I believe more passionately than ever in the great truths and promises of Scripture, especially the sovereignty of God. He can heal; I believe that absolutely. But I continue to appreciate that God does not heal at my command. Healing is His initiative and His gift. Healing is not some genie I can conjure up by the right prayer. Appreciating God’s sovereignty, I have learned, is not blind submission, but a statement of profound faith in an omnipotent, omniscient God.
My theology has also become more eschatological. As my present experience has become painful, I find I reflect more on eternity. Until the pain, I rarely thought of heaven. My day-to-day experience was quite comfortable. No longer. Now I find myself yearning more and more for the promised perfection of resurrection. I find myself more able to understand the biblical concepts of faith and hope—as yet unfulfilled promises that one day will be our lived experience—than I had before.
I have discovered new credibility in my ministry with others in pain.
Last spring I held Pat’s hand in the emergency ward when the doctor told him his diagnosis: lymphoma. I was there less than 48 hours later when he came out of his first chemotherapy treatment. The five tumors that the scans had identified were growing faster than any of the internists at the hospital had seen.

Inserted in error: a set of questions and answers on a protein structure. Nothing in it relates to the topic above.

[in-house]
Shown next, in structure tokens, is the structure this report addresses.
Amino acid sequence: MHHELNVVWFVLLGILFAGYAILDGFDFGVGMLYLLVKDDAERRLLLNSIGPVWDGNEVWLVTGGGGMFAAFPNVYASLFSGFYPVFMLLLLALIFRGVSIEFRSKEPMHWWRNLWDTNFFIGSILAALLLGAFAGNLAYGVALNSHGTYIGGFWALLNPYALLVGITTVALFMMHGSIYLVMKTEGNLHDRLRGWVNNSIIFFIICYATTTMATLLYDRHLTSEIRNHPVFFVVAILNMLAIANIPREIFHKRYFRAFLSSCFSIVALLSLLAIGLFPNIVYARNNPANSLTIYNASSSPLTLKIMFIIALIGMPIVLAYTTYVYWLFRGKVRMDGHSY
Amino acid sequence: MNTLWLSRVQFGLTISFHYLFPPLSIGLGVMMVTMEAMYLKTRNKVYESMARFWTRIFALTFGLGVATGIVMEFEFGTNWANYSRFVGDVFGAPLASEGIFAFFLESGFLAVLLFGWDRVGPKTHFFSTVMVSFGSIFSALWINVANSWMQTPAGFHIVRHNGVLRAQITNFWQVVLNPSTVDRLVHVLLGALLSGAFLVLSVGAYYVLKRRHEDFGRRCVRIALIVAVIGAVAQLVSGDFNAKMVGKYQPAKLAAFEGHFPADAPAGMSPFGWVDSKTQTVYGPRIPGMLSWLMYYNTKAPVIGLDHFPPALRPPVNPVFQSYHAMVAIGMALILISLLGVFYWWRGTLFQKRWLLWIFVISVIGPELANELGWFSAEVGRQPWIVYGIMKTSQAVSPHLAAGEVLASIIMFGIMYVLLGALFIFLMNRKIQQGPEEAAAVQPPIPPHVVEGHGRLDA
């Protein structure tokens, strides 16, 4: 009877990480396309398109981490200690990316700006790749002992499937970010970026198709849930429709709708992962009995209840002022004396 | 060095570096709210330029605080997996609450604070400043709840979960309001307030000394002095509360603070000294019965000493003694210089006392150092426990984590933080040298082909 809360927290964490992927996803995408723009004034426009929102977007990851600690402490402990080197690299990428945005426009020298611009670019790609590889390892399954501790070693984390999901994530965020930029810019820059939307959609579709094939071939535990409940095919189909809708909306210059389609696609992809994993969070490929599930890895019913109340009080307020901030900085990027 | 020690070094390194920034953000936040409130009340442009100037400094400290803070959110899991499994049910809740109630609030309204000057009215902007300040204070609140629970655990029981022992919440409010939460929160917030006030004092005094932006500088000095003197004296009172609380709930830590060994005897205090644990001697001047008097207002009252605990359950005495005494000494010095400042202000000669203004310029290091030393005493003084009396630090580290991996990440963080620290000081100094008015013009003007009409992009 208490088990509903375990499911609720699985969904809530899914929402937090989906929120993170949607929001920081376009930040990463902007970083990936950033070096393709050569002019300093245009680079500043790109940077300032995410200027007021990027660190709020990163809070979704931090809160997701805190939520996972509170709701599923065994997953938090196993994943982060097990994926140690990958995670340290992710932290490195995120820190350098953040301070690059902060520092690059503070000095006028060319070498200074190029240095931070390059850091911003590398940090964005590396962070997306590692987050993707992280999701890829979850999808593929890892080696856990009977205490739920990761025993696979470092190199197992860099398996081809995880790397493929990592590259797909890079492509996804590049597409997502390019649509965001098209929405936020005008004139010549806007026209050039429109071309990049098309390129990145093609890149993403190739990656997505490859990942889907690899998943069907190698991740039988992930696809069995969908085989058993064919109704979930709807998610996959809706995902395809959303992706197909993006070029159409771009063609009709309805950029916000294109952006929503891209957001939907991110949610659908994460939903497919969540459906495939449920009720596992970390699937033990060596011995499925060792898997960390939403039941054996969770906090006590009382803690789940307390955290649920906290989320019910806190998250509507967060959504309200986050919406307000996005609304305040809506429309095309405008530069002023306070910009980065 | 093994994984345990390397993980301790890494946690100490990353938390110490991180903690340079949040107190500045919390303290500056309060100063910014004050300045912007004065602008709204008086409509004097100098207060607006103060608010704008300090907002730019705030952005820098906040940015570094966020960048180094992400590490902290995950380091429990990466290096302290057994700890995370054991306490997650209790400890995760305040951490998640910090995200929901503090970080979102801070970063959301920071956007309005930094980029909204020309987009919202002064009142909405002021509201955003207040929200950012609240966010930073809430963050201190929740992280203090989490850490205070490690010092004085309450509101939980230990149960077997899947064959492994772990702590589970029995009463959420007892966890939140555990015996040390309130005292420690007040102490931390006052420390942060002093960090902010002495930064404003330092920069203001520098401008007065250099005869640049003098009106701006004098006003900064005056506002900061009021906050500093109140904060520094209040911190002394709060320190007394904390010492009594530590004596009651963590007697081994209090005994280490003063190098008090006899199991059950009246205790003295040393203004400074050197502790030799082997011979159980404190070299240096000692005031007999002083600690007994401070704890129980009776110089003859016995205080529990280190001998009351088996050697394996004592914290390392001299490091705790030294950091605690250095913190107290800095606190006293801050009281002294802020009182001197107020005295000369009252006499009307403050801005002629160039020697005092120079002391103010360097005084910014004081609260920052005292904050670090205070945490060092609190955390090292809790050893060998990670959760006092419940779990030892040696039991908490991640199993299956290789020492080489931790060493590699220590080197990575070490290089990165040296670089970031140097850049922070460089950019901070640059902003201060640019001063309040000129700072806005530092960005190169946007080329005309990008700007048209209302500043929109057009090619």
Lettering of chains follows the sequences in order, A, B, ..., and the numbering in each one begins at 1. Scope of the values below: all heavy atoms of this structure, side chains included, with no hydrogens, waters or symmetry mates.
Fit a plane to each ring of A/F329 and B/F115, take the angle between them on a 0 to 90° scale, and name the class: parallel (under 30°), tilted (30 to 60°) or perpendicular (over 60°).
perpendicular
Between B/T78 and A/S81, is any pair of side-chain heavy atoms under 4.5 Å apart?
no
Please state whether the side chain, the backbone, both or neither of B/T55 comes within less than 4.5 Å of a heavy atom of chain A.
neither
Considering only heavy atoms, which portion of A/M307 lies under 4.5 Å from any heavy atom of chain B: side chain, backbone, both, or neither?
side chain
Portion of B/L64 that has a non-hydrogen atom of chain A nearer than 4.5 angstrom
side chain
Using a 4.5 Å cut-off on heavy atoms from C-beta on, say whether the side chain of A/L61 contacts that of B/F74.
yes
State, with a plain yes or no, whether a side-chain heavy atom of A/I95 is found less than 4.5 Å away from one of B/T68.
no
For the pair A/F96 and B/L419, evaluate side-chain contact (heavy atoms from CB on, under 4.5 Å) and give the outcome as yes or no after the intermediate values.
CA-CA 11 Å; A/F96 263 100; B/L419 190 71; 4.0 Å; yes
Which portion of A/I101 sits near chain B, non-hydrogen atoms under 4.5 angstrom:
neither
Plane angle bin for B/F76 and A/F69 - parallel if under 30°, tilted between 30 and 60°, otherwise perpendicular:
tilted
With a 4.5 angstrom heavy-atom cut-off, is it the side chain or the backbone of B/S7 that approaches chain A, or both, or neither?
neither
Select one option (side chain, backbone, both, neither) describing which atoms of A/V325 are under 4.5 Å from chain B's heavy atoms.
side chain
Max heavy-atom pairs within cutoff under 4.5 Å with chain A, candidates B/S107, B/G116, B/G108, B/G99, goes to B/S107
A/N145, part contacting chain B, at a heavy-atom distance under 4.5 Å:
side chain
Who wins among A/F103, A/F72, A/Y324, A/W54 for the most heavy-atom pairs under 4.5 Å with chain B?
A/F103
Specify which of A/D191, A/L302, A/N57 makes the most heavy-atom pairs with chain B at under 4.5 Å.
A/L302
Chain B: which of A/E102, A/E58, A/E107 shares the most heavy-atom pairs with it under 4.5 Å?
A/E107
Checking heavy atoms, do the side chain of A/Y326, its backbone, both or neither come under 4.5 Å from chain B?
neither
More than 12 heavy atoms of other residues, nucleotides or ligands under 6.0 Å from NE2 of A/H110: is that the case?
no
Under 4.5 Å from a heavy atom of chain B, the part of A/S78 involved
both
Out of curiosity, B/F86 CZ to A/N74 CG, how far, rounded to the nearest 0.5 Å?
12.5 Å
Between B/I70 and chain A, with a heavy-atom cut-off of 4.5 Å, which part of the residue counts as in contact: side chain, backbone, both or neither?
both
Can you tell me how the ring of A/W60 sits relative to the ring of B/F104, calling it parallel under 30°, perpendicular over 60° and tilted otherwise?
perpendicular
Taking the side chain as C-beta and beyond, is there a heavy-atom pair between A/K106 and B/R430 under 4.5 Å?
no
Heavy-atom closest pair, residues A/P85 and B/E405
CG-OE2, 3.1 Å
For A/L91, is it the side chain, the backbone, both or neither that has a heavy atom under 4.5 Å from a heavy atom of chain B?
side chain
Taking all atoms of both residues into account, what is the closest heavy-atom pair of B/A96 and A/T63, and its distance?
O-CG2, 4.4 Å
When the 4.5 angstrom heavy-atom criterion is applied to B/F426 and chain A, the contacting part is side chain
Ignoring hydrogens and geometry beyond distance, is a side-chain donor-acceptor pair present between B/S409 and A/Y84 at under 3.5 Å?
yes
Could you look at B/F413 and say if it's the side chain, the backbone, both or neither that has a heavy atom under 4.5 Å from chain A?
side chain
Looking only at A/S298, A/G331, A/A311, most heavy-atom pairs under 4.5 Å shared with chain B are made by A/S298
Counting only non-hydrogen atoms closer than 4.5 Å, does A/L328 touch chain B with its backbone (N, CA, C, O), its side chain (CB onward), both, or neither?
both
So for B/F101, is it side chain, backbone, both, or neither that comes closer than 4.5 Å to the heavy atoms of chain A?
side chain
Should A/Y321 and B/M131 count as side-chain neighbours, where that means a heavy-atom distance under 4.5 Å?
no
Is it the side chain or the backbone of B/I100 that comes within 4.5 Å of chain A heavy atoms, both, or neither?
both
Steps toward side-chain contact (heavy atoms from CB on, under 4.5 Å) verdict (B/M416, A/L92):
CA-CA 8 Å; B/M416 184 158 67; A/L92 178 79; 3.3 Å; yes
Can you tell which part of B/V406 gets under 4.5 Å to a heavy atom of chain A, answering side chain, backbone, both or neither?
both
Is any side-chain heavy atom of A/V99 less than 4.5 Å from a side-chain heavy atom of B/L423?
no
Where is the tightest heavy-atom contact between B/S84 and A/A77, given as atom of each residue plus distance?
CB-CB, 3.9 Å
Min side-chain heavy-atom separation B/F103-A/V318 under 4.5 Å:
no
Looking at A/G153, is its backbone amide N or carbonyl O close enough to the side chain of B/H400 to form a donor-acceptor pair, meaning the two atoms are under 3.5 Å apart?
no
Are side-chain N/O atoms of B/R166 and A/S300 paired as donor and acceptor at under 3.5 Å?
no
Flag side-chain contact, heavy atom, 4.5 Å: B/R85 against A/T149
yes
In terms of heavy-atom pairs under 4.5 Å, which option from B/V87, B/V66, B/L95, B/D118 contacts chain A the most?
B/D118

Lymphoma explained those splitting headaches that had crippled Pat since December. Test after test had revealed nothing. But the pain had persisted. And Pat and his wife, Nancy, had yearned for a diagnosis. Over the months they agonized, wondering what the problem really was. Now this.
My wife and I knew the stress of waiting for test results and diagnoses. We had waited two and a half years for the source of my pain to be identified. Cancer? In my case, twelve months of tests finally ruled that out. But it was a year of agonizing worry, waiting for the verdict.
Doctors then guessed neuralgia. They prescribed treatment. Ten months, five prescriptions, and merciless days of drug-induced nausea later, no change in the pain.
Multiple sclerosis? Another MRI. A spinal tap that took weeks to recover from. More medication. Another five months. Another dead end.
Another hypothesis. Another failure. Another test. Another blizzard of prescriptions. Another roller coaster of emotions (and side effects). Finally, the neurosurgeon pronounced a “diagnosis of exclusion”; having ruled everything else out, he announced I had “Atypical Facial Pain,” a rare neurological condition in which one side of one’s face is always in pain.